I have found that my early trepidation with teaching the Gilded Age is fairly common among history educators because the period is complicated and often confusing to students.  As I tell my students, almost every textbook on United States History presents this era differently and usually breaks from chronology favoring a more thematic focus instead.  However, the importance of that thematic focus cannot be overlooked.

I begin the era by asking students to imagine that we are getting into a De Lorean.  Then, I have to explain what that is - I suppose that illustrates our generational divide (okay, for those who still don't get it - click here).  Once I get through that explanation, I ask students to go back in time and look at what life was like at the end of the Civil War.  Native Americans and buffalo still freely roamed the Plains, it took a wagon to get to the Pacific, dirt roads and horse travel defined transportation in American cities.  Further, the South was destroyed and African Americans now freed from bondage were hopeful for what free life would bring.  Industry was beginning to expand due to the war, but businesses were mostly local affairs where the business owner still directly managed the business and worked hard to make a living.  

Next, I ask students to "kick it up to 88" (still, they don't get it) and fast forward to 1900.  By the end of the century, just a short 35 years, life in America was dramatically different.  Native American culture was almost gone from the Plains and so were the buffalo.  Several transcontinental railroads stretched across the Plains reaching to the Pacific, along with the "golden wire" of the telegraph - America's first "Internet."  Many farmers who had fled to the Plains with the hope of opportunity and free land offered by the Homestead Act found themselves broke from mounting debt caused by overproduction, deflation and a multitude of other challenges.  Major industries now dominated the national economy and the industrial titans like Andrew Carnegie, John D. Rockefeller and J.P. Morgan were the most influential men in the country, not the presidents or politicians of the Gilded Age.  Cities grew up and out with the development of skyscrapers, streetcars, suspension bridges and mass transit, with automobiles coming soon.  Pollution and poverty followed with the massive surge of immigrants pouring into the cities in the last decades of the century, along with an emerging labor movement now influenced by socialism and radicalism.  A more modernized culture developed in urban areas with spectator sports and amusement parks, while the rural South moved to eliminate the gains made by blacks during Reconstruction and create a segregated society defined by "Jim Crow" laws.  Though the frontier had been declared "closed" in 1890, Americans now looked outward on the world and became a global power following the territorial and political gains of the Spanish-American War.  A truly different America existed in 1900 than 1865, an illuminated and connected national economy and culture ready for the dynamic twentieth century.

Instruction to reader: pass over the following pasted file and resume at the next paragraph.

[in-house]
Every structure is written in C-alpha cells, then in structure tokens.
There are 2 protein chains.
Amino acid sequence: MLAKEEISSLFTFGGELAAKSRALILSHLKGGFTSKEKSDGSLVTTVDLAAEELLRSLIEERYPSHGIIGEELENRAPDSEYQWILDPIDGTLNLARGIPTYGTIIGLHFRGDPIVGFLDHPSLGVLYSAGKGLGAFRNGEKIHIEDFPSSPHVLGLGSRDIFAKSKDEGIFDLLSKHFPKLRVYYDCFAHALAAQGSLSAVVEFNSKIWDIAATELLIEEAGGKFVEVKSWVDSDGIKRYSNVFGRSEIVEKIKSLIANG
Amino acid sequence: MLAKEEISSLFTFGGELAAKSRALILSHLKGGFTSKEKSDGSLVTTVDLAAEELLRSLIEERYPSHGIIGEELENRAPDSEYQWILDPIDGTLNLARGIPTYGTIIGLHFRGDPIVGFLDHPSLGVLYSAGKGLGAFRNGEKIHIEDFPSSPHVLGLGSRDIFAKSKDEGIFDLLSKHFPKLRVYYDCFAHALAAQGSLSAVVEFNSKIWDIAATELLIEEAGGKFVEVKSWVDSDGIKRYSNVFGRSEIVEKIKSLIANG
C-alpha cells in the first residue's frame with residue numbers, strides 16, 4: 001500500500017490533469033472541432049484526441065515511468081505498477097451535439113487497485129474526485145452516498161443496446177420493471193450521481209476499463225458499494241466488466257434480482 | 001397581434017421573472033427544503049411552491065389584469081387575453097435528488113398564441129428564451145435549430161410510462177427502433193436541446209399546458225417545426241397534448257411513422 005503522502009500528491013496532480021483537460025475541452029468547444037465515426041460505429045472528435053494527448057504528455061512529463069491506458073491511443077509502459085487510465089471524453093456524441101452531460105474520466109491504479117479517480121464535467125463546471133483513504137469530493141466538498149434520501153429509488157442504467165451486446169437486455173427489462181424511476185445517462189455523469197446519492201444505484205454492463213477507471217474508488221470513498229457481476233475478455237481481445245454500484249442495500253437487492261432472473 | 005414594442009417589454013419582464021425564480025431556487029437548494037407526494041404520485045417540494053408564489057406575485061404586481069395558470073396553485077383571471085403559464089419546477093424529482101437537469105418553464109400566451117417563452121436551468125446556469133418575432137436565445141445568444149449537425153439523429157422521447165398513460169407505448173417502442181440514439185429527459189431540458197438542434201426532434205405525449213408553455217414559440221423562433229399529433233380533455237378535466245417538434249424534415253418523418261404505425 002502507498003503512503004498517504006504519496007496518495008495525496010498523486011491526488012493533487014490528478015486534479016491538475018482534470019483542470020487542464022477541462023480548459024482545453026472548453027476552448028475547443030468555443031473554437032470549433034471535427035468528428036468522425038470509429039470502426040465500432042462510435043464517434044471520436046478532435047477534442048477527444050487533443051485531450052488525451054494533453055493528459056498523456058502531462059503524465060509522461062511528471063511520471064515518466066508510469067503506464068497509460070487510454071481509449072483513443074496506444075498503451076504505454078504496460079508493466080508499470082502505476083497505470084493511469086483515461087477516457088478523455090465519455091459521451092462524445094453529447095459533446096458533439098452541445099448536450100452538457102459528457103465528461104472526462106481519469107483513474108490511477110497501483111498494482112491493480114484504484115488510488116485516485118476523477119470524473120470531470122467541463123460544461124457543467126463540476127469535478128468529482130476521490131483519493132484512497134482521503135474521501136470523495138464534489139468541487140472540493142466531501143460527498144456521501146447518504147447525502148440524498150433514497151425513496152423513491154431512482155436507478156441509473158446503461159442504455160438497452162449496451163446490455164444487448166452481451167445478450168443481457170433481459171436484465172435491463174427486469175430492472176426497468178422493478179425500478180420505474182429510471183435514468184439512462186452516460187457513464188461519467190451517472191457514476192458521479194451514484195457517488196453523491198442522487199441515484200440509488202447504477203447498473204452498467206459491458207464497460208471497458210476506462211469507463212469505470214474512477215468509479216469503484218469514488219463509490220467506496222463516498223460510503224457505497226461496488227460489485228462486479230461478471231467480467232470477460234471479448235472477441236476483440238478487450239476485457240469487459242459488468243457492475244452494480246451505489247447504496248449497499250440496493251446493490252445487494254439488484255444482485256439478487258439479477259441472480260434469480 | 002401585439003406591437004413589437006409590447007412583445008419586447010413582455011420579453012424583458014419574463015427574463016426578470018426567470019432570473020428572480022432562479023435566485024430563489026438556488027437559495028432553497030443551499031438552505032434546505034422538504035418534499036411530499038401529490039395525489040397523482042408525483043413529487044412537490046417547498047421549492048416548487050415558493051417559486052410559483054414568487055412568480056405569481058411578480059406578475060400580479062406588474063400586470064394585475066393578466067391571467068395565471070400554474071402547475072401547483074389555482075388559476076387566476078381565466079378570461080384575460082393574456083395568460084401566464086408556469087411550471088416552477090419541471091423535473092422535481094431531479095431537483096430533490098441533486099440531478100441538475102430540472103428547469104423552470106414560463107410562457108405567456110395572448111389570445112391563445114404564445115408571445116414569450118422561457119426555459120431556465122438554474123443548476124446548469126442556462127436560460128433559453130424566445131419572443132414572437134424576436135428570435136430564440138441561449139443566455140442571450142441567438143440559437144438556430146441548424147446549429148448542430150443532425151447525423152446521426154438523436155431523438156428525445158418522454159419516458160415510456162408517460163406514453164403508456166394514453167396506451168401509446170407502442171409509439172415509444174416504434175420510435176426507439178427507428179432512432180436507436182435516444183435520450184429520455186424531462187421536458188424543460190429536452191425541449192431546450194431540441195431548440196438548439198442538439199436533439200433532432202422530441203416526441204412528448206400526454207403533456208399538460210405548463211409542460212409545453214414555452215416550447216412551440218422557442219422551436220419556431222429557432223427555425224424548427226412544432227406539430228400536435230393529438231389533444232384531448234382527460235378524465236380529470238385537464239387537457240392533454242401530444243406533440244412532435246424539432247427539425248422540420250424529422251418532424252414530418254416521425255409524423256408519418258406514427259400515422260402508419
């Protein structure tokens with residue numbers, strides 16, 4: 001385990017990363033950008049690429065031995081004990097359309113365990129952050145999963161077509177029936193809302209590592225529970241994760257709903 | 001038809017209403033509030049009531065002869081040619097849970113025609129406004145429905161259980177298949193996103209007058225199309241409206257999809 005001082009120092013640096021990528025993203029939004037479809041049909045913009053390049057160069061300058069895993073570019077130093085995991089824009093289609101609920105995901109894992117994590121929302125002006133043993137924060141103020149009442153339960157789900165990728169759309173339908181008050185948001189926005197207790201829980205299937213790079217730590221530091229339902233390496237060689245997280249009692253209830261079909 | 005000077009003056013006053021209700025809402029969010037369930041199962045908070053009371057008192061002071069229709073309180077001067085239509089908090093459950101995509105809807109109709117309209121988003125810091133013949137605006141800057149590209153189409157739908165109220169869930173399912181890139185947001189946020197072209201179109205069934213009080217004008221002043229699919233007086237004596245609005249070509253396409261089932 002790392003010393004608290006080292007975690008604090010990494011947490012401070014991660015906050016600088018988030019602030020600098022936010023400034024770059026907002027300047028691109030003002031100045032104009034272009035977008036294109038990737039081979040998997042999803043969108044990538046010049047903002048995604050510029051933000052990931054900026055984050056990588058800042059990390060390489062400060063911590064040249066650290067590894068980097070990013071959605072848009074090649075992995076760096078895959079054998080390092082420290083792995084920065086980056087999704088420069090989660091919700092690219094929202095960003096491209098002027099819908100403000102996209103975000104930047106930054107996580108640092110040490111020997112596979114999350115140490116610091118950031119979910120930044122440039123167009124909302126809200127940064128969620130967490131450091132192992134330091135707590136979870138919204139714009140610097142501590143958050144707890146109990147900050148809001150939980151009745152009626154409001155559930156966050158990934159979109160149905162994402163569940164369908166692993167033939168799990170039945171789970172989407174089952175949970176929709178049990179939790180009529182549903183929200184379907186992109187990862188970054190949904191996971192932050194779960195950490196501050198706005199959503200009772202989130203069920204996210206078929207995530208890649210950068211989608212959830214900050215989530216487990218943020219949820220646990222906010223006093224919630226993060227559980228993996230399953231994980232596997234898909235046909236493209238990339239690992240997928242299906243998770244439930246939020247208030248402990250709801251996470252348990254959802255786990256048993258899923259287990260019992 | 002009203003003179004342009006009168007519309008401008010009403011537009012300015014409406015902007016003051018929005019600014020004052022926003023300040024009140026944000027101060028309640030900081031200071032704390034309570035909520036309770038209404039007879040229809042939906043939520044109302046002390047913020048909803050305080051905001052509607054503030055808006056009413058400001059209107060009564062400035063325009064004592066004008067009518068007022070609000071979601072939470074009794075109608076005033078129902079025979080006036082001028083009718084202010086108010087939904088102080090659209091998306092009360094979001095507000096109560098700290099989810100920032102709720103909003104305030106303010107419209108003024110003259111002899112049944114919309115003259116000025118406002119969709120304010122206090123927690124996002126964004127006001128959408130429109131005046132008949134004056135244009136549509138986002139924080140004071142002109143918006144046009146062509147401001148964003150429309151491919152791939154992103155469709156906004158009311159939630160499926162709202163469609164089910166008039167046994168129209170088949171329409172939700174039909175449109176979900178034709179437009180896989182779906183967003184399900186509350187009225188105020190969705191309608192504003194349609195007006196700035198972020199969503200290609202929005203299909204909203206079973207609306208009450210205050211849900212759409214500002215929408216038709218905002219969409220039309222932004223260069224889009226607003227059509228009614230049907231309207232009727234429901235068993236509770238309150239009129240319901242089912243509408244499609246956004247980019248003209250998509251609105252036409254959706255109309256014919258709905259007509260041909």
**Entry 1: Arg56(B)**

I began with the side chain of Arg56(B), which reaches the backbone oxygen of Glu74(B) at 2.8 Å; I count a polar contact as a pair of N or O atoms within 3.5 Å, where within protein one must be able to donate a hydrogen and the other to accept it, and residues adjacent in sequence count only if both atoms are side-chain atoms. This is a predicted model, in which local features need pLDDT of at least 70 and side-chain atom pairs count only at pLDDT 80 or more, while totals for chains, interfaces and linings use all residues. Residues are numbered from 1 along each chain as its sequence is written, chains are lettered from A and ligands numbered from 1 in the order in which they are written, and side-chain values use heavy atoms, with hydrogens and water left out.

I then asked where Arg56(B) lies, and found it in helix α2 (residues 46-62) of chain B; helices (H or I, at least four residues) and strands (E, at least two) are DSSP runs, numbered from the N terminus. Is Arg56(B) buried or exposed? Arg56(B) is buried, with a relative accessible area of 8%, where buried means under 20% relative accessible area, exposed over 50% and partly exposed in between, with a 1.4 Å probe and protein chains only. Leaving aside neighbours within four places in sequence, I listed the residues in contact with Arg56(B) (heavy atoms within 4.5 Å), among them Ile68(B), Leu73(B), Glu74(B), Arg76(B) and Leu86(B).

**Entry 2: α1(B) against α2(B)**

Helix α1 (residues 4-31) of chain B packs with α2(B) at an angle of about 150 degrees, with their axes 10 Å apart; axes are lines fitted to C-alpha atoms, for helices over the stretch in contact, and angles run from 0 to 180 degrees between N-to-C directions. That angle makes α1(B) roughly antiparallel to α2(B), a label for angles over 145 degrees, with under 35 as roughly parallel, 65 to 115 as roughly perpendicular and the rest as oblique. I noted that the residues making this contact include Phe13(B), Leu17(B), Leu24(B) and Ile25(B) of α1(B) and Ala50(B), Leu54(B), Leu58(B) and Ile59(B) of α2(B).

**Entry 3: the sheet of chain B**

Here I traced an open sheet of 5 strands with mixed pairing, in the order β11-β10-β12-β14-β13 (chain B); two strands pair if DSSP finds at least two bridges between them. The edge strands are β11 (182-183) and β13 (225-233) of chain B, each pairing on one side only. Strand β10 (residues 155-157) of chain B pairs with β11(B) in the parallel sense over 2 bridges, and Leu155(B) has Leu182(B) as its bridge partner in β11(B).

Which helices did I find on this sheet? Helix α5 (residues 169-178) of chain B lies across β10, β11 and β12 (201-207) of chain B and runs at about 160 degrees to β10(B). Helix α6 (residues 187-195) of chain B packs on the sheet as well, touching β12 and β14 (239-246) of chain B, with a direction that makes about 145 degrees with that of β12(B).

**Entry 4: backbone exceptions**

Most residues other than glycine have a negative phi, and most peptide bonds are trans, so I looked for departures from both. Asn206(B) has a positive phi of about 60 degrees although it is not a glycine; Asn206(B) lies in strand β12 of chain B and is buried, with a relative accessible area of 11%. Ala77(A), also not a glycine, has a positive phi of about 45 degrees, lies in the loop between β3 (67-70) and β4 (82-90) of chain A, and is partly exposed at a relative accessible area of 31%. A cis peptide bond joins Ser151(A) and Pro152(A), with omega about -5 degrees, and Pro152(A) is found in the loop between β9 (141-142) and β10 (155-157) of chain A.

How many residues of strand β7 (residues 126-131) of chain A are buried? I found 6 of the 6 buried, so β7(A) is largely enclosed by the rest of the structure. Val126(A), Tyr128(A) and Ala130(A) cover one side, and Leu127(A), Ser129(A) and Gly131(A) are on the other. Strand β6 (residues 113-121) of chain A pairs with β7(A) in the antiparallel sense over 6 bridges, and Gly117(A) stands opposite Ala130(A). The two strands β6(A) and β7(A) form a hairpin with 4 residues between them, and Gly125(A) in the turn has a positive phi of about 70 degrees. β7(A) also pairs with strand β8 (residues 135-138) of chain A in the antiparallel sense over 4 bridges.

Resources to share:

The Men Who Built America - outstanding series by the History Channel, short clips available online are good supplements for classroom discussion.

Best of History Websites - The Gilded Age (this is always a good EdTech site to look at for teaching U.S. History)

For fun, two students in my summer school class found this video of a teacher singing a jingle about the Gilded Age.  The whole class started singing along!

Monday, July 1, 2013

A New Birth of Freedom